Fifty years and growing; Oklahoma's marine highway sets sail into anniversary year
FOR IMMEDIATE RELEASE
February 19, 2021
In 1971, a barge hauling newsprint became the first official delivery into the brand new Tulsa Port of Catoosa. In the five decades since, the McClellan-Kerr Arkansas River Navigation System (MKARNS) has grown into a marine highway with an impact to Oklahoma’s economy that is in the billions. As the system prepares to celebrate the big 5-0 in June, the first wave of celebrations is getting underway.
At a virtual event on Feb. 19, Officials, including Secretary of Transportation and Oklahoma Department of Transportation Executive Director Tim Gatz, Chairman of the Board for the Tulsa Port Authority and former Mayor for the City of Tulsa Dewey Bartlett, U.S. Army Corps of Engineers Commander and District Engineer Colonel Scott Preston and port operators along the System, highlighted the importance of the MKARNS to Oklahoma and the region. Between now and the June 5 anniversary, these agencies will join with the ports and operators along this waterway to share the history, the stories and educational components of the system.
“This waterway is the hidden gem which ties into other various modes of transportation options in Oklahoma, steadily moving commodities such as industrial components and agricultural products efficiently by barge between Oklahoma and the Gulf of Mexico,” Gatz said. “The MKARNS has grown into a reliable trading route to the world and this anniversary is the perfect time to share the stories that make this waterway such an economic success.”
The launch of the celebrations now also ties into an important anniversary for the Tulsa Port of Catoosa which was dedicated on Feb. 20, 1971. The MKARNS itself was officially dedicated on June 5, 1971 by former President Richard Nixon. The waterway was the culmination of years of ambitious planning to create the route along rivers in eastern Oklahoma and through Arkansas before joining the Mississippi River, making it a viable inland route for shipping waterborne commerce. A series of locks and dams along the route made it possible for barges to make the 445-mile trip on the MKARNS to flow to and from the Gulf of Mexico.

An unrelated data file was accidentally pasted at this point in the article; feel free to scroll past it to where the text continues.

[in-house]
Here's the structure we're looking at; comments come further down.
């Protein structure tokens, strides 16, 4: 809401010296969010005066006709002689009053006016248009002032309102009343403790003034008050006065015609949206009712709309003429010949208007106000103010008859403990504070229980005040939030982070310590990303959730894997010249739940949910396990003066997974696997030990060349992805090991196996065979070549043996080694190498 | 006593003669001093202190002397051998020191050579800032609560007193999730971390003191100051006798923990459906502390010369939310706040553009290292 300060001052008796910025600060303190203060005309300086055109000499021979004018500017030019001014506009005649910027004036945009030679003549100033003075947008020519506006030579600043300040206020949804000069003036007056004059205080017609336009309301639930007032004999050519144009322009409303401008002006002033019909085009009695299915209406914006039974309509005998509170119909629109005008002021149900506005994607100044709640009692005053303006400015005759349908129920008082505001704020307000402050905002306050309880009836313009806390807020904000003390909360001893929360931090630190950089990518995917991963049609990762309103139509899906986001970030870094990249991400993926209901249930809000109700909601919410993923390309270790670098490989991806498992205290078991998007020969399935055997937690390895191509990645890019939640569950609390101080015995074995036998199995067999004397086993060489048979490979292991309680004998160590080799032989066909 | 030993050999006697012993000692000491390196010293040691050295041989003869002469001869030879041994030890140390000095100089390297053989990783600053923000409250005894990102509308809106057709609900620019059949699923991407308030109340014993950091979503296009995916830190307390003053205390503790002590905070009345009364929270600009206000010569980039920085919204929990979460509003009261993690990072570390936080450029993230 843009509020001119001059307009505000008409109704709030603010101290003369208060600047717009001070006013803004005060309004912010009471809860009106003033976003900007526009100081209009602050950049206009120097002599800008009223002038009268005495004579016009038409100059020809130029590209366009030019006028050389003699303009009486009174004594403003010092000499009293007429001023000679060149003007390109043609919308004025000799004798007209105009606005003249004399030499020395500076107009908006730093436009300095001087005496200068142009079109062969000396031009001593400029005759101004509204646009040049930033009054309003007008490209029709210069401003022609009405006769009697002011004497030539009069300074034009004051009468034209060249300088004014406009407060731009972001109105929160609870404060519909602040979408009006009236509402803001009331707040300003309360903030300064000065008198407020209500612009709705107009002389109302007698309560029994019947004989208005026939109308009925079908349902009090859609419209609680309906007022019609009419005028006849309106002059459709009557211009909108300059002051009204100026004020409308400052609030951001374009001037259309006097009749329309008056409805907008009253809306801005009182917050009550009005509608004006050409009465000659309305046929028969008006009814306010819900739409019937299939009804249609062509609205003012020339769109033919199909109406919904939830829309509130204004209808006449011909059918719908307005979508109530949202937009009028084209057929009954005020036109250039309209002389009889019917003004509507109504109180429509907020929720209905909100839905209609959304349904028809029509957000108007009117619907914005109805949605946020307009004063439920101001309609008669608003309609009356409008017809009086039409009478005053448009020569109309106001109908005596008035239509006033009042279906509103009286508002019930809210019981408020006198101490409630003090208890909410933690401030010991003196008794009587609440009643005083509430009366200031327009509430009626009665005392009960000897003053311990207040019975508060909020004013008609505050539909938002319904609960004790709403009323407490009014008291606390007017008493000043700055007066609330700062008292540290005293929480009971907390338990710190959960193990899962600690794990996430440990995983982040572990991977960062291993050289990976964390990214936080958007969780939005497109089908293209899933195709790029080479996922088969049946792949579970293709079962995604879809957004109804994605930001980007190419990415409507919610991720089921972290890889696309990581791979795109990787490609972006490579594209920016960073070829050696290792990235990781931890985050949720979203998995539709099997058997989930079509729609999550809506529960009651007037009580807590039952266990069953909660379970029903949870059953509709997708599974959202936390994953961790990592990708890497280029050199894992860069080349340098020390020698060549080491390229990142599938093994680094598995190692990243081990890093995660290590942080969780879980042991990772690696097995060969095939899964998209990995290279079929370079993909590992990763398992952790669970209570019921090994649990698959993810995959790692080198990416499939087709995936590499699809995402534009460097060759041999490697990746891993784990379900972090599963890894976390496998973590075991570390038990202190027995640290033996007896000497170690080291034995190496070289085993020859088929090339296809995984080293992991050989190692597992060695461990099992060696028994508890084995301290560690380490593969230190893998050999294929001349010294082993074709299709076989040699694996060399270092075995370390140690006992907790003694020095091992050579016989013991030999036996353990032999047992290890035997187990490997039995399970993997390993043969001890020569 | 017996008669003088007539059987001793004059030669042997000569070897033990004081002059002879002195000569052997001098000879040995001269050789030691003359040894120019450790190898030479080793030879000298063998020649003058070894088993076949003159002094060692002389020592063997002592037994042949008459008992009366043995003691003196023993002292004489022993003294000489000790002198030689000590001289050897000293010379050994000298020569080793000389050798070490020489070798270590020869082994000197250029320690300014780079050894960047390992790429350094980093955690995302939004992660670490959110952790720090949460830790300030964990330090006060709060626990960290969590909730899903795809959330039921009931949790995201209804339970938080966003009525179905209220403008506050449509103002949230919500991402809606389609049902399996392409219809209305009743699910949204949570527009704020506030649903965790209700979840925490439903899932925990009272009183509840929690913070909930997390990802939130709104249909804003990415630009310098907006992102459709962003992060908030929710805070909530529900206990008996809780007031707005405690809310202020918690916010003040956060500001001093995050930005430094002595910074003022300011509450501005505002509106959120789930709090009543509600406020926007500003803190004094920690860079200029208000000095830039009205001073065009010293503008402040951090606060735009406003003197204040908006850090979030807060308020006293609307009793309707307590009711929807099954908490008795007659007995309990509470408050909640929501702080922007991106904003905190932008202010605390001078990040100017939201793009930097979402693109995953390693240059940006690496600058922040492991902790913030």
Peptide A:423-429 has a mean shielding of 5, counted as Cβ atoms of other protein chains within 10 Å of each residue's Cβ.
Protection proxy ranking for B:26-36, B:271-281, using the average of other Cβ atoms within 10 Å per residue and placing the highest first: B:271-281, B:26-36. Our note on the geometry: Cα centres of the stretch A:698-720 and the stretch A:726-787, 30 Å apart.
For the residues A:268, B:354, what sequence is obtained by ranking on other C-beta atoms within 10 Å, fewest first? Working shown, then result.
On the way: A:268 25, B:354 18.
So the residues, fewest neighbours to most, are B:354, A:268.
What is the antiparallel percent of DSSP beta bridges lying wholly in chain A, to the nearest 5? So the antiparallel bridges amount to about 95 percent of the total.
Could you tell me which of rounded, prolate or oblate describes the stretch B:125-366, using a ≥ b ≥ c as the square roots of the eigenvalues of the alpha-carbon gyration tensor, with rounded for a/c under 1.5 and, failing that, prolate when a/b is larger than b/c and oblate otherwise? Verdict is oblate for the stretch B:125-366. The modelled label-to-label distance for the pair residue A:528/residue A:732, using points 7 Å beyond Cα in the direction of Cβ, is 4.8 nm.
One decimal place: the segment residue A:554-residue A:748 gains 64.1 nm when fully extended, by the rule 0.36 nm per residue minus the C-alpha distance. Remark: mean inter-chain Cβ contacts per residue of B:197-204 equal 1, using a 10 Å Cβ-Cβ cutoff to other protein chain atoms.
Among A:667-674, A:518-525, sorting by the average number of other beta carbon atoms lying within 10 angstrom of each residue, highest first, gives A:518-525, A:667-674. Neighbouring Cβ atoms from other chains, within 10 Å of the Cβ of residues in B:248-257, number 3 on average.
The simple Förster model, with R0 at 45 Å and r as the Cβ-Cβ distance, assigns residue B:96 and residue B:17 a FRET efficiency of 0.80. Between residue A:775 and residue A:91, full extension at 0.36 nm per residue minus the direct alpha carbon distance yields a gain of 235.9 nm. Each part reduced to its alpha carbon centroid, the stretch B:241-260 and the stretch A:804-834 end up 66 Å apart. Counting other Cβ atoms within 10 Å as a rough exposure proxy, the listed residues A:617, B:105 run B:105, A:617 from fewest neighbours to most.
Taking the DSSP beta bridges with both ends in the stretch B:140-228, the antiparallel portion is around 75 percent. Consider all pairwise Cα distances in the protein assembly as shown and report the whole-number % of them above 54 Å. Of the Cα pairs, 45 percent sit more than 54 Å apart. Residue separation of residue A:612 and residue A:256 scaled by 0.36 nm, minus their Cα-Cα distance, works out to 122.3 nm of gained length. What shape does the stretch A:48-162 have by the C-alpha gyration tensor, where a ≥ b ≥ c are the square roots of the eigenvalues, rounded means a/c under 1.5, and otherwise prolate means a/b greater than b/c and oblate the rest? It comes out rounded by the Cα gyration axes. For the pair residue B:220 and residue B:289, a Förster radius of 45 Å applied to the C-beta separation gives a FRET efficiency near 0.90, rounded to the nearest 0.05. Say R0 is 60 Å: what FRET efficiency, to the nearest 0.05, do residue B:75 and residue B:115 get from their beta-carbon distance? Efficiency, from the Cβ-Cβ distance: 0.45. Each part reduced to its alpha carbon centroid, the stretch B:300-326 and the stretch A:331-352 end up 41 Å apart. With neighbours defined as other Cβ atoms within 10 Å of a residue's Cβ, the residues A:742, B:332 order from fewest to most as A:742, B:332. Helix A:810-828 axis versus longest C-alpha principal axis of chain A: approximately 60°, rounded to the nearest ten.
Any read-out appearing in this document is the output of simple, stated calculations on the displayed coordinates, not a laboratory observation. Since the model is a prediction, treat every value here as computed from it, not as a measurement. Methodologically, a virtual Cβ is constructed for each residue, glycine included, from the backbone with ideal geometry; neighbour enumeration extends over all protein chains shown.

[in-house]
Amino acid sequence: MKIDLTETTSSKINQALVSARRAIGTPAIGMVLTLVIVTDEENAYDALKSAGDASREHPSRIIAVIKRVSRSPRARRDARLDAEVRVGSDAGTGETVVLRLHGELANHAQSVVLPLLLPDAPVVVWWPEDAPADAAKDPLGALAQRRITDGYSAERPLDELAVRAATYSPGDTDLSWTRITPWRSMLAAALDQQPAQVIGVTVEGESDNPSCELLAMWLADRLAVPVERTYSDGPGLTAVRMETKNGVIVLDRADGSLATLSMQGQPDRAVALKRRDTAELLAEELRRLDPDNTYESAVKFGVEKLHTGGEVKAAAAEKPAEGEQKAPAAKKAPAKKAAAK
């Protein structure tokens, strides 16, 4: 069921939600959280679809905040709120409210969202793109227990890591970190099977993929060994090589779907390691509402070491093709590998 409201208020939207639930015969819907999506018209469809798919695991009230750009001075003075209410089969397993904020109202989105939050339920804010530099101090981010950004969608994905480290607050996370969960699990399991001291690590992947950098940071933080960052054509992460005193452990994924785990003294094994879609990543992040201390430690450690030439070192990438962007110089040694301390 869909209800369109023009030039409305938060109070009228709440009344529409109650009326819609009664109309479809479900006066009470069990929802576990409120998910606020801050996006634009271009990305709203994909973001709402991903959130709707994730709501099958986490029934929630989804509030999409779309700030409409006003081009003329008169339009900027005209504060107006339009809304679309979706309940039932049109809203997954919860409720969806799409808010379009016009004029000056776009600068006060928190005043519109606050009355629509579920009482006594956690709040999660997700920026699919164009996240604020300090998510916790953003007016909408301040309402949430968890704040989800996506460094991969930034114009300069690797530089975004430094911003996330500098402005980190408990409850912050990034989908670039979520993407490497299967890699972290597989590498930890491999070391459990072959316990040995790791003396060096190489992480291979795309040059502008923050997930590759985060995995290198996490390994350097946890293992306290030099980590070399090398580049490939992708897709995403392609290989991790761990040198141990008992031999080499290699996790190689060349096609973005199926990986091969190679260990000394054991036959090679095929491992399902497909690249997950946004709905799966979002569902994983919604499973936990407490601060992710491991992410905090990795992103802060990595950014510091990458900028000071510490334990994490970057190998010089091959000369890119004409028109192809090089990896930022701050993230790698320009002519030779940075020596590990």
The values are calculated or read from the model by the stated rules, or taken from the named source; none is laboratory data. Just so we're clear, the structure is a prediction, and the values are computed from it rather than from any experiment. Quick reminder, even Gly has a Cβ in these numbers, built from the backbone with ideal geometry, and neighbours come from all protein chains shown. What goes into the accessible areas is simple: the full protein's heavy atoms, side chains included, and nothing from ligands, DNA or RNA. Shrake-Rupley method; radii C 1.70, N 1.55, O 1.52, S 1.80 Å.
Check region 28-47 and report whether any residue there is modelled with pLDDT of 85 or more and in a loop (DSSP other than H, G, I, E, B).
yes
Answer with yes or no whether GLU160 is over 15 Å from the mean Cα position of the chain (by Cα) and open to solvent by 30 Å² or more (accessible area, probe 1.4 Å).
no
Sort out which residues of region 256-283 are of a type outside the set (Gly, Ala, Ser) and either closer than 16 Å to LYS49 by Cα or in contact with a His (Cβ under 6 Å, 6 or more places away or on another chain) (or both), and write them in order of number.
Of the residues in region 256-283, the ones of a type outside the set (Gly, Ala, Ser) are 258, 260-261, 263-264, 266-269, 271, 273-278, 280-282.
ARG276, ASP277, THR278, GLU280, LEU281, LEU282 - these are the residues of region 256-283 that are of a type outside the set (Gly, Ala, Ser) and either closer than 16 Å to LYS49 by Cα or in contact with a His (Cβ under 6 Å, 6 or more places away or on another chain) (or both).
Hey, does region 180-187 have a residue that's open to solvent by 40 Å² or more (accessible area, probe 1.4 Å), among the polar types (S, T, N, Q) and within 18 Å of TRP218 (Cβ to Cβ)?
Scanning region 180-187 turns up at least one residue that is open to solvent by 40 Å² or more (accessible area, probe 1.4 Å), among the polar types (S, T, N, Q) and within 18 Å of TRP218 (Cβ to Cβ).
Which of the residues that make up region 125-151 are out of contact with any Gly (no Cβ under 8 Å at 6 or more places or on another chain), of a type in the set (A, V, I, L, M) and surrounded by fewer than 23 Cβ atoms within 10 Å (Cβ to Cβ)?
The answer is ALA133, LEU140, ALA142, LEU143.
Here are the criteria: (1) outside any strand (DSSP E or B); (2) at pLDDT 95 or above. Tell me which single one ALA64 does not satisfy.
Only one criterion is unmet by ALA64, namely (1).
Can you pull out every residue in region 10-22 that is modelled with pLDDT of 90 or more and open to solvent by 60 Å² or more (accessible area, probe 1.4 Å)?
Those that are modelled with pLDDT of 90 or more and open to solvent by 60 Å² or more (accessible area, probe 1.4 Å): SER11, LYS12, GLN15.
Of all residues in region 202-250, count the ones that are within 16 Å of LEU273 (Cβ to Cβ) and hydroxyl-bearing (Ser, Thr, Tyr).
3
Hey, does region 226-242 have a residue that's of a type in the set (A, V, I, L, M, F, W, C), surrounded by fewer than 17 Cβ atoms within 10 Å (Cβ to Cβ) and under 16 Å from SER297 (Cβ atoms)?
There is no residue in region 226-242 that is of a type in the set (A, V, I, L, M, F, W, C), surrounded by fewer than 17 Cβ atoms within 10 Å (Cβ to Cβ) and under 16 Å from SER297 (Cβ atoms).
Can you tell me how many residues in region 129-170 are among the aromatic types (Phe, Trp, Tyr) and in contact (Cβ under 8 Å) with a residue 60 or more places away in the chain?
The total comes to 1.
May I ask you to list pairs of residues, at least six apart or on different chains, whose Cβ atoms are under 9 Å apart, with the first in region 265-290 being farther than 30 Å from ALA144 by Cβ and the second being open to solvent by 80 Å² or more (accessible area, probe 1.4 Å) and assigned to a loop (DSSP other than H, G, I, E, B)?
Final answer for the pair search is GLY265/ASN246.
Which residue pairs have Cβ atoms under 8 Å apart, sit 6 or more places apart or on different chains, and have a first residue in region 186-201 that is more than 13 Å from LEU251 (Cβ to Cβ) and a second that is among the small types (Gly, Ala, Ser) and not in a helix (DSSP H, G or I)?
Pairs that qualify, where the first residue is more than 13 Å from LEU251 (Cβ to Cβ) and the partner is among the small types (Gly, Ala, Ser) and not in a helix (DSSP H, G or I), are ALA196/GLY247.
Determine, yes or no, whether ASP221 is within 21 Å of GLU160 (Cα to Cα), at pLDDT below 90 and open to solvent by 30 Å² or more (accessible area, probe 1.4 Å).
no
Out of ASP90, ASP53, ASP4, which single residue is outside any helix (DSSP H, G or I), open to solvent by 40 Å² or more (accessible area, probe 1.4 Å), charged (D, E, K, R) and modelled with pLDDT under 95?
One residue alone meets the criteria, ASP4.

At the virtual event, Gatz also gave a sneak peek of new signage that will be placed at all 11 highway and turnpike crossings over the MKARNS channel in eastern Oklahoma by June. The updated signs will prominently feature the “Marine Highway 40” designation, helping to emphasize the major waterway crossing below. The signs will also feature wording to indicate that 2021 is the 50th anniversary of the system. Gatz also announced that starting Monday, ODOT will begin a series of social media posts called “MKARNS Mondays” on its Twitter and Facebook Channels, @OKDOT, which will provide fun facts and photos of the system leading up to the June anniversary.
McClellan-Kerr Arkansas River Navigation System Fast Facts:
- The McClellan-Kerr Arkansas River Navigation System, referred to as the MKARNS, is a 445-mile waterway that includes the Verdigris, Arkansas and White rivers and connects Oklahoma from the Tulsa Port of Catoosa to the Gulf of Mexico.
- The system was officially dedicated on June 5, 1971 by former President Richard Nixon.
- The MKARNS is managed by the U.S. Army Corps of Engineers.
- The MKARNS works through a series of 18 locks and dams, five in Oklahoma, that allow barges to manage the 420-foot change in elevation over the system.
- The MKARNS serves a 12-state region and is designated as Marine Highway 40 by the U.S. Department of Transportation.
- There are two public ports in Oklahoma: the Tulsa Port of Catoosa and the Port of Muskogee, and other private ports on the system.
- Ports in Oklahoma process more than six million tons of cargo each year, support more than 11,000 jobs and directly contribute $1.6 billion to the state’s economy.
- In terms of tonnage, the most shipped goods on the MKARNS in a given year fall into the categories of sand, gravel and rock; chemical fertilizer; iron and steel; and soybeans.
- The overall system also helps generate clean energy through hydro-power plants, provides flood control and includes key recreational areas for visitors.